This concept applies not just to the Lego RCX, but should in fact serve any other application where you would like to convert PWM signals to drive stepper motors. It is a bit of a kludge, and you may be better off using a microcontroller with a digital output to send step signals. In some applications, including the Lego RCX, PWM outputs is all you might have free.

Please click any image for an enlarged view.


First a Recap on Stepper Motors.

A stepper motor is a multiple coil motor(often 4), which moves a very short distance for each step - corresponding with the coil energised.

Stepper motor schematic

The coils normally have a common connection, and multiple signal connections. It is by signalling those in sequence, that you can move the motor. To reverse the motor, you reverse the sequence - “not the polarity”.

How to do it

To get outputs from the Lego RCX to do this, you need to bear a few things in mind. Check the voltage requirements of the Stepper, because of the control circuitry, and its requirements - you will need an external power supply (9-12v). This supply will need to be constant. We could not really use a sensor port - as although this may be enough for the control circuits, it would not be able to safely deliver the current required by the coils of the stepper. So we may need to use another output port. The problem being that even at full power- it is still PWM, so you will require a smoothing cap, and a voltage regulator for the control circuits.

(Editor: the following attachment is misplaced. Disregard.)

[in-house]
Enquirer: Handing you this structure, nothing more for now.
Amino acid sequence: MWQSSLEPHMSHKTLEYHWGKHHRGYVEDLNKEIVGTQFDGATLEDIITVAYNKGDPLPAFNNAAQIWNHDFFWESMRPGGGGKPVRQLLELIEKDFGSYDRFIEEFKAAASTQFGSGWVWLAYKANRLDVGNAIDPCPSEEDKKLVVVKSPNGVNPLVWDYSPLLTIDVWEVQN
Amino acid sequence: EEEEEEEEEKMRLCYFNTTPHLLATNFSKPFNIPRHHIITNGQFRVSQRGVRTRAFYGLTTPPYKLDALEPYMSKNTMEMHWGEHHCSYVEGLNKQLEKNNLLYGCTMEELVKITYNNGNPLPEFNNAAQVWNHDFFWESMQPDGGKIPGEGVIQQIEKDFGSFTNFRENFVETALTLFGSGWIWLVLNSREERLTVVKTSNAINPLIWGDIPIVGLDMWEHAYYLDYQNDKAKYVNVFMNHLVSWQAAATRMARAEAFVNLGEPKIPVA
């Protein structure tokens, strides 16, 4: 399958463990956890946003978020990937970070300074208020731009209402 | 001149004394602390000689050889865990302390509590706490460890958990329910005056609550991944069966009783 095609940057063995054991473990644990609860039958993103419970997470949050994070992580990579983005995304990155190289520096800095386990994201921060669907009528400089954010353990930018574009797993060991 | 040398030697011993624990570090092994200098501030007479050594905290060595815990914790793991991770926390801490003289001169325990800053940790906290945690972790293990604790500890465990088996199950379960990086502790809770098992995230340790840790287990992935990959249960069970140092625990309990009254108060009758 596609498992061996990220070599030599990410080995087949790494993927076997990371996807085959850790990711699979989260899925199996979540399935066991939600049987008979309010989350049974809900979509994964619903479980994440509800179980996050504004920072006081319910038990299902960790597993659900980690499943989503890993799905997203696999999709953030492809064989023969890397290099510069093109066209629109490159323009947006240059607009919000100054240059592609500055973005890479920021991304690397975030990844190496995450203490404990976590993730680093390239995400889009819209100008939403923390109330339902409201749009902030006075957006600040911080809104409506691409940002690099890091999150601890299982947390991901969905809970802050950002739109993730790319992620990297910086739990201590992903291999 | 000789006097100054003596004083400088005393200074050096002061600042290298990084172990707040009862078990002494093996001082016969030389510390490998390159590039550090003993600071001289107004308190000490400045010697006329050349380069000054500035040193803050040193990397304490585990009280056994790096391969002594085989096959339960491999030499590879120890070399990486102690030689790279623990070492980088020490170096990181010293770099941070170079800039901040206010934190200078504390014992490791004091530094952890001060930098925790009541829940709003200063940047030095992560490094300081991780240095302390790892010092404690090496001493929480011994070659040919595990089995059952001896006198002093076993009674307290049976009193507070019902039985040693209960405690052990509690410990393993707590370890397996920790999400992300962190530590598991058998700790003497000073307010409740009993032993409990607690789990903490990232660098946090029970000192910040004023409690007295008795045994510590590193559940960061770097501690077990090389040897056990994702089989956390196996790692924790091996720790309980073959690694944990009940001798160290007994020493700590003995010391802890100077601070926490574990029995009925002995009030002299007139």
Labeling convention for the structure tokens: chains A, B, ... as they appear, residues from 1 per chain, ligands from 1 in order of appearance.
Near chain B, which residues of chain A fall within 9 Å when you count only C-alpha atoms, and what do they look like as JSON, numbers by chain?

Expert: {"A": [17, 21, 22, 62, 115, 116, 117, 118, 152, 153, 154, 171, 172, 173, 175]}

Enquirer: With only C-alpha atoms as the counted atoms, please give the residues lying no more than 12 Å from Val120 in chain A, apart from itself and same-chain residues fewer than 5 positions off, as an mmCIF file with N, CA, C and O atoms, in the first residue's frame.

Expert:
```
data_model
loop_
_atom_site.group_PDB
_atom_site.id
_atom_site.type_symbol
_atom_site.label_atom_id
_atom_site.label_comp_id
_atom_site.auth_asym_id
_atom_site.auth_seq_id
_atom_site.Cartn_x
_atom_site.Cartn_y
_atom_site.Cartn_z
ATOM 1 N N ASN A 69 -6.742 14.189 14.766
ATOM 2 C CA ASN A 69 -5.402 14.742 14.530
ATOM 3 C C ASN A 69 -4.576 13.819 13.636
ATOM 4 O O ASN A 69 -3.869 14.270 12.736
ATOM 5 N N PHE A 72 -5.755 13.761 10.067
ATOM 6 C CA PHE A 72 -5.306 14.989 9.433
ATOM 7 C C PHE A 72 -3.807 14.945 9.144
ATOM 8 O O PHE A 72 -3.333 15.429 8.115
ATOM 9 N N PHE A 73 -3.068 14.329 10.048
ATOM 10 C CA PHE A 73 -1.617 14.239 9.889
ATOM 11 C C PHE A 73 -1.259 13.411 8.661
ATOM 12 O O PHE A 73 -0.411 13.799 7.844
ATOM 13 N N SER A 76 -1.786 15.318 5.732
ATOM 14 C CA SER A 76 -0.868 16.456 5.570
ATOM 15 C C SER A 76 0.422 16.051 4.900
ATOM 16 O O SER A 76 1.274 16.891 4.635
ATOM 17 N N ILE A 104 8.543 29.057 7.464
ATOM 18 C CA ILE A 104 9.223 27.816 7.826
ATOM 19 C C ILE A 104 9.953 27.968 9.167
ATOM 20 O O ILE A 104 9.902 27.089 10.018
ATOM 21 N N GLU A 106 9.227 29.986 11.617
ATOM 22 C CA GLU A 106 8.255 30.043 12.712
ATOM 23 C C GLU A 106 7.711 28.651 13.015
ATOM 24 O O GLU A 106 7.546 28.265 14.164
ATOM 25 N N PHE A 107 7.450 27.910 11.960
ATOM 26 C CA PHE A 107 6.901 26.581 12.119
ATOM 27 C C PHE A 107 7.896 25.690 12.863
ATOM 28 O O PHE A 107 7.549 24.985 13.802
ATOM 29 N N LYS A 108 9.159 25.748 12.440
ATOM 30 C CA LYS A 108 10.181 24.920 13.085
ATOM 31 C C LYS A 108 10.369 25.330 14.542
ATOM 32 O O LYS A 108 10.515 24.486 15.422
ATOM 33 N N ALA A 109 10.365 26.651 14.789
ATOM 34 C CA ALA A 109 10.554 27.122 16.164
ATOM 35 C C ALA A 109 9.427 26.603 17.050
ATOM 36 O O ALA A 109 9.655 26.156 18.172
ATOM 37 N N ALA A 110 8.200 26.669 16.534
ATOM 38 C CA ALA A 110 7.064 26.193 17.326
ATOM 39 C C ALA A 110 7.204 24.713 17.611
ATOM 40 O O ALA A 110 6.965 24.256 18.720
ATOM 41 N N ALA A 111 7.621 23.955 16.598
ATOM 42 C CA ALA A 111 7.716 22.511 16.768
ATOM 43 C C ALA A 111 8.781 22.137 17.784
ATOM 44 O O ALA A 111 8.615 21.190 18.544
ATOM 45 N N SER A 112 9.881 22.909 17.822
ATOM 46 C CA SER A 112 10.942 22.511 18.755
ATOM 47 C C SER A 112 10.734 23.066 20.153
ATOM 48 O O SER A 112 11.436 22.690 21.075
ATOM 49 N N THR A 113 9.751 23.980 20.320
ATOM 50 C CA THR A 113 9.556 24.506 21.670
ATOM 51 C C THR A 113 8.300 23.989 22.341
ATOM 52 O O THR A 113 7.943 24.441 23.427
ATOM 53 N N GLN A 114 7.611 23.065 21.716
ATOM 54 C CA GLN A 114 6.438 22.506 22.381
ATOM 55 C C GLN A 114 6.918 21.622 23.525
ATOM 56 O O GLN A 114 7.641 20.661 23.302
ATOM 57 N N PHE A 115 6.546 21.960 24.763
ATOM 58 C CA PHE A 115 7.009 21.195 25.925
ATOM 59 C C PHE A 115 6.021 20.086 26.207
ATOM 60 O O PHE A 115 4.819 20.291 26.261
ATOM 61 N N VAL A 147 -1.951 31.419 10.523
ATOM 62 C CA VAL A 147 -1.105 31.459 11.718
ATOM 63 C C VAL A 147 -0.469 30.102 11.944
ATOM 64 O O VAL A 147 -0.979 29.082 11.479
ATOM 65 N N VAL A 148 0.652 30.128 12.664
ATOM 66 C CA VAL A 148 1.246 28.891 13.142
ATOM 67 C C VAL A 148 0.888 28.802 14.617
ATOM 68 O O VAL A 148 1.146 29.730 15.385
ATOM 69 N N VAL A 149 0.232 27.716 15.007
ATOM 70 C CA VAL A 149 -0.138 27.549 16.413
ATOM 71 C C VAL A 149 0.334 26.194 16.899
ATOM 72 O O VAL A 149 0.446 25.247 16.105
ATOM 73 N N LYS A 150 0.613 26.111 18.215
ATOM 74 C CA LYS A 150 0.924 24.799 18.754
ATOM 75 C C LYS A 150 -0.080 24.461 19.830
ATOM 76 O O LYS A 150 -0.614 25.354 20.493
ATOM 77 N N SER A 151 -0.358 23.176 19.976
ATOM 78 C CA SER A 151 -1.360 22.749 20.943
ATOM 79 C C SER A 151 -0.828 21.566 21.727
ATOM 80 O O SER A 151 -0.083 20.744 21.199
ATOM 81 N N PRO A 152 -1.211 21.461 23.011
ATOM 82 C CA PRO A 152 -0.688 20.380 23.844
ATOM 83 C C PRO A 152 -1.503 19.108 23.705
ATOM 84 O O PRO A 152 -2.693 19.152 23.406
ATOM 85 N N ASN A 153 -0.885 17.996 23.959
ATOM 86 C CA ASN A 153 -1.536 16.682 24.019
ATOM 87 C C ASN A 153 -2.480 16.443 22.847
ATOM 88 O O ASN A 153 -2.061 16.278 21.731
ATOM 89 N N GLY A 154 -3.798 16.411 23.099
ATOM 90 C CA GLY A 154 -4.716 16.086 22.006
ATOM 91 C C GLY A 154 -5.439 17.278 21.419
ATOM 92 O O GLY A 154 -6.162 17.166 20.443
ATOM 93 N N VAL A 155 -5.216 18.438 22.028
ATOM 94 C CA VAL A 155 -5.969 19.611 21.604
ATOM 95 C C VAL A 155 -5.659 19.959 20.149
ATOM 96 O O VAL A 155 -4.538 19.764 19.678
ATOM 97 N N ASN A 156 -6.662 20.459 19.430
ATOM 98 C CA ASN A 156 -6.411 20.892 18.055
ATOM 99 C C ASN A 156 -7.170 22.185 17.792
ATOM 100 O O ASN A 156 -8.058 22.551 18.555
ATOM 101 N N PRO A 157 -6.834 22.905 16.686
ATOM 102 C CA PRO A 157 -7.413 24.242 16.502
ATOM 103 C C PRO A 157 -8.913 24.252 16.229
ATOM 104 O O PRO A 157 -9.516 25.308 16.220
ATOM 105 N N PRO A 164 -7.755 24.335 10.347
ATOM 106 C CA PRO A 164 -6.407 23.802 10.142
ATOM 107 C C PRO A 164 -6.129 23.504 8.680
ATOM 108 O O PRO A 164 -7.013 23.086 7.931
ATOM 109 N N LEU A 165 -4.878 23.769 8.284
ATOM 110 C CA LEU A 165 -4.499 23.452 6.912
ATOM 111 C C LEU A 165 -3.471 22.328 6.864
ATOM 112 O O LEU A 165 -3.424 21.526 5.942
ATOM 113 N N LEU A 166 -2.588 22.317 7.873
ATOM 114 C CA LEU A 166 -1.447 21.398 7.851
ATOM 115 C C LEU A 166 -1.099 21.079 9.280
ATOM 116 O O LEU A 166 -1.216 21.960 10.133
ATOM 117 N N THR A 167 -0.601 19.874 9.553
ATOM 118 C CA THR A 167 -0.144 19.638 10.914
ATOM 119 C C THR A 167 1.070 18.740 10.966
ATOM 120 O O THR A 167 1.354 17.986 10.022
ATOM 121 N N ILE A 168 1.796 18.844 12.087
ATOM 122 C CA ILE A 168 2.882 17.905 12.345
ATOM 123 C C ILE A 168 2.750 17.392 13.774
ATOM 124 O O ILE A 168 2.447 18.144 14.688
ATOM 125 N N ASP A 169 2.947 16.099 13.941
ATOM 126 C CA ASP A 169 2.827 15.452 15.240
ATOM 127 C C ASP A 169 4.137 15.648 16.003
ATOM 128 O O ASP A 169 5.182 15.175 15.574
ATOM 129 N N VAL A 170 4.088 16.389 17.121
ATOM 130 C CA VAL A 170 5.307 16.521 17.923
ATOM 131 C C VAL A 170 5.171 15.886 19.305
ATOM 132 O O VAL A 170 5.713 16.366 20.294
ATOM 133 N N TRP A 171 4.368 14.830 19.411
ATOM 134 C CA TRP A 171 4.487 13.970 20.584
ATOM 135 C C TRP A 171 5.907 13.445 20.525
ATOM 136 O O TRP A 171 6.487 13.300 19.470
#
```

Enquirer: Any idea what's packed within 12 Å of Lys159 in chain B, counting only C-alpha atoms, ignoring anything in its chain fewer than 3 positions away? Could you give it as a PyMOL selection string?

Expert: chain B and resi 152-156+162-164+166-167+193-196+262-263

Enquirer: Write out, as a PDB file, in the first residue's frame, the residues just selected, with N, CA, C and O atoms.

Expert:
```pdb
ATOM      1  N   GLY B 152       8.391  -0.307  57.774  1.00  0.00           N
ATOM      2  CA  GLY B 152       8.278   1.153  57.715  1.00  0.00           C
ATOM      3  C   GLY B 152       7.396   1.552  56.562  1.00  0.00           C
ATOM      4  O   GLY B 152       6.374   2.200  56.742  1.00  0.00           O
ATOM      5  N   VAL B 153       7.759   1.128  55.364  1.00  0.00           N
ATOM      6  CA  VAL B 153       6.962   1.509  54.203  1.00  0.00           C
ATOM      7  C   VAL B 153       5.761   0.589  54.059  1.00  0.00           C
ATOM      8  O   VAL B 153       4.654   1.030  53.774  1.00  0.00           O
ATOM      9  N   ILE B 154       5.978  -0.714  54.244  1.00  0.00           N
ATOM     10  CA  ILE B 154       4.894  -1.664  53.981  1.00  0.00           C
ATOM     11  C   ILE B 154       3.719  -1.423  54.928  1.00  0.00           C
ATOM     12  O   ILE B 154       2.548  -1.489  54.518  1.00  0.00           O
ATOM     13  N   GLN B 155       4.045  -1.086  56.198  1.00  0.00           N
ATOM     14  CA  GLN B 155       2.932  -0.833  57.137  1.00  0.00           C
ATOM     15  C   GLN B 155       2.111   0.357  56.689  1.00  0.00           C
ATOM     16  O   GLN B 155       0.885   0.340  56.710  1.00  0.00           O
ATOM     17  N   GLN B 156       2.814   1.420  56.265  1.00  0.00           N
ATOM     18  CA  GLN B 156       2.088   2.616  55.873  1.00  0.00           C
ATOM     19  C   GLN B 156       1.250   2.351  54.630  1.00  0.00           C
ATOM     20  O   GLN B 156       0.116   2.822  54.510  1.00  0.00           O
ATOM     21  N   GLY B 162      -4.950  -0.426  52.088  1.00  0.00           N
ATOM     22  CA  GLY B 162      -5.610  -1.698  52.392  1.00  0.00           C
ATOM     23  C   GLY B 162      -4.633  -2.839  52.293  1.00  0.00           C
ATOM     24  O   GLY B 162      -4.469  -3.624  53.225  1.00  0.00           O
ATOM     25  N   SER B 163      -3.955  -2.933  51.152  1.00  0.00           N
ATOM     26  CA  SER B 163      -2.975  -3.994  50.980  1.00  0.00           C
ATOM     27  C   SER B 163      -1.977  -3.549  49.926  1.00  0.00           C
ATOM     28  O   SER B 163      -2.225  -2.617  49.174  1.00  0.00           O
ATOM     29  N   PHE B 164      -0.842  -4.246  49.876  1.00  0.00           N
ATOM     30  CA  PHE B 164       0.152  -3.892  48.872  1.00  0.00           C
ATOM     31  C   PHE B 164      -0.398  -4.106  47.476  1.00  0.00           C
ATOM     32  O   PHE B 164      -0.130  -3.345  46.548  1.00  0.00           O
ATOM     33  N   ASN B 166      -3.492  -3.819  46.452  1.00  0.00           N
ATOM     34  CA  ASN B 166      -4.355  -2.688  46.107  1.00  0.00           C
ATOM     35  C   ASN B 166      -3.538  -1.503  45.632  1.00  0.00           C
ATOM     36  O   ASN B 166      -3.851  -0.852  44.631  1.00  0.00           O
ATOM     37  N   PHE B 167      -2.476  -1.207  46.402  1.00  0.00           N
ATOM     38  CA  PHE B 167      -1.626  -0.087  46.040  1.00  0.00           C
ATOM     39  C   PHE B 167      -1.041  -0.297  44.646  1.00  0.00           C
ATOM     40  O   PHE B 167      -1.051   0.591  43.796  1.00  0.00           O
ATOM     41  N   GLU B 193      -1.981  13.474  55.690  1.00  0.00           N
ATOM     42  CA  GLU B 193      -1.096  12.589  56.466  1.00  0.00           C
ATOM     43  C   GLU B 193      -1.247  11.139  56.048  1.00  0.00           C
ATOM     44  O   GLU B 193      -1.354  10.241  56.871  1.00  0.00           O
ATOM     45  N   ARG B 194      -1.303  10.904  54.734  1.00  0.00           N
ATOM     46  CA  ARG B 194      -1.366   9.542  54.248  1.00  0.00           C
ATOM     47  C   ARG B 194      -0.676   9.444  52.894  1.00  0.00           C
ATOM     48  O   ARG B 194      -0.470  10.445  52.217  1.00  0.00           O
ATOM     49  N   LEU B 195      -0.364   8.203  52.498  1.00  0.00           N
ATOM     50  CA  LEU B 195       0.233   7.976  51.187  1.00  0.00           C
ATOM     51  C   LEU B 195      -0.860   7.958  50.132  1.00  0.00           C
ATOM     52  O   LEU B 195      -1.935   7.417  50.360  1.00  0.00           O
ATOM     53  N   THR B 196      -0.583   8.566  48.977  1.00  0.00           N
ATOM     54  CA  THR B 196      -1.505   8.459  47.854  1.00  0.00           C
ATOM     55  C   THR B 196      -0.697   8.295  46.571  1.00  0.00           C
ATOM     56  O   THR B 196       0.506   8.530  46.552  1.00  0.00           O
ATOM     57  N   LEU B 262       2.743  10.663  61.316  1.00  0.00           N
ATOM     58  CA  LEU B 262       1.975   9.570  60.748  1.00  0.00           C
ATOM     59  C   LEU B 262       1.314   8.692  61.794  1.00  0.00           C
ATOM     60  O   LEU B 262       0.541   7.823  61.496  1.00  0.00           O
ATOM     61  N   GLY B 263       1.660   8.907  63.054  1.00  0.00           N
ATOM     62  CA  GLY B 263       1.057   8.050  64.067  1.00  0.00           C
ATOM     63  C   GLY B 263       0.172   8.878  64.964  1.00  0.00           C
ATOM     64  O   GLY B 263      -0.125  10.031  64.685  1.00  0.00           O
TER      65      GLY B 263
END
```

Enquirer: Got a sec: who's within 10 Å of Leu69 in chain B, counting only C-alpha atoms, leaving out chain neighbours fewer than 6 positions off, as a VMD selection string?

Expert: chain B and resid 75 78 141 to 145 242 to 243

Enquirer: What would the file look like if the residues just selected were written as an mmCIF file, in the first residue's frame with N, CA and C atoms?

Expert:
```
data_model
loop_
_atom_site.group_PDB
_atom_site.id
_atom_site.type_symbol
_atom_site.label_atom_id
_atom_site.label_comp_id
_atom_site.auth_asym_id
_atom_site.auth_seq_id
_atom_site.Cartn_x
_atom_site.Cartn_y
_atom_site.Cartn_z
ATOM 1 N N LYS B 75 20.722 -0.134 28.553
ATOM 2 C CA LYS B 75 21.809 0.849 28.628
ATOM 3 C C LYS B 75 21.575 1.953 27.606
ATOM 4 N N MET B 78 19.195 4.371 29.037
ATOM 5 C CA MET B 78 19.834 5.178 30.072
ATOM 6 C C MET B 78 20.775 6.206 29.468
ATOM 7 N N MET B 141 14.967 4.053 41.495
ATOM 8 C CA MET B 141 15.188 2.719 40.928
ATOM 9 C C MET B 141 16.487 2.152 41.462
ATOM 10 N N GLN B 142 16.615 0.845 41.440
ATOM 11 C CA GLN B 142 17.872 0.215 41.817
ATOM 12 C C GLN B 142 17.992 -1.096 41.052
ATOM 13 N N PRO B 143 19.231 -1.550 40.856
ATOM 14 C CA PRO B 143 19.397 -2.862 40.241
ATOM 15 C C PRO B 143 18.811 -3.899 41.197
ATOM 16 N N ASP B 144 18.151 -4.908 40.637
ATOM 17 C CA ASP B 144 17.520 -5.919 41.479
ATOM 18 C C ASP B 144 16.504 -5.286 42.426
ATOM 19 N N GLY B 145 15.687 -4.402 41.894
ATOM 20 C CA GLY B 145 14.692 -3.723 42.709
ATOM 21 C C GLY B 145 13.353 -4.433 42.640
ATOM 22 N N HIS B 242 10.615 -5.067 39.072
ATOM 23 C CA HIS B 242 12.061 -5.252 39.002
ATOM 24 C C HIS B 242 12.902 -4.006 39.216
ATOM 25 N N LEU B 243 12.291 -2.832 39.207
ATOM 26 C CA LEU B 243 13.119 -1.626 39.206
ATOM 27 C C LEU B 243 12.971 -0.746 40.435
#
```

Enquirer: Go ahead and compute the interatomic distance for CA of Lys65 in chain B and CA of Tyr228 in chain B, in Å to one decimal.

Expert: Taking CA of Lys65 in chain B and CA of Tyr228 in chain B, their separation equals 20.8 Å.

Power Regulator

Activating the coils will require a shift register, which allows a roll - or carry operation when shifting, and is reversible - with two clock inputs.

Now the PWM output from the controlling port can be used as a clock pulse for the circuit - but should probably be scaled down to a handle-able voltage of around 5v for the logic inputs - and in such a way that if it is positive it activates one input, and if negative - it activates another. The could be achieved with two transistors - one with a pull-down output, and the other a pull-up output. These outputs then go to the clock lines.

Signal input from RCX to shift register

The shift register will need to be initially loaded with a one to shift, and the clear line on it should be held low. This will mean it will require a priming method. The method I will go with is that if all the outputs are 0 - then prime it with a 1. A four input NOR will do this.

The outputs of the shift register should then go to the power transistors, and not directly to the coils.

Bringing all together we have the following diagram. It has no component values.

RCX to Shift register control for a stepper motor


Looking at the circuit above - it means we will not actually be able to pulse the motor forward once or backward once - given that we really cannot control the actual PWM outputs that finely. I am not sure if we can actually control the rate of them using that circuit either - as changing the power output changes the PWM on to off ratio, and not the clock cycle speed. There are a few single chip products on the market that work in exactly this way from the PWM.

For more accurate control - single stepping, we would probably require a serial stepper controller linked to an Infra Red receiver connected to the RCX.

However - if you are finding you want to do this a lot, then it might be time to consider using a less limited microcontroller.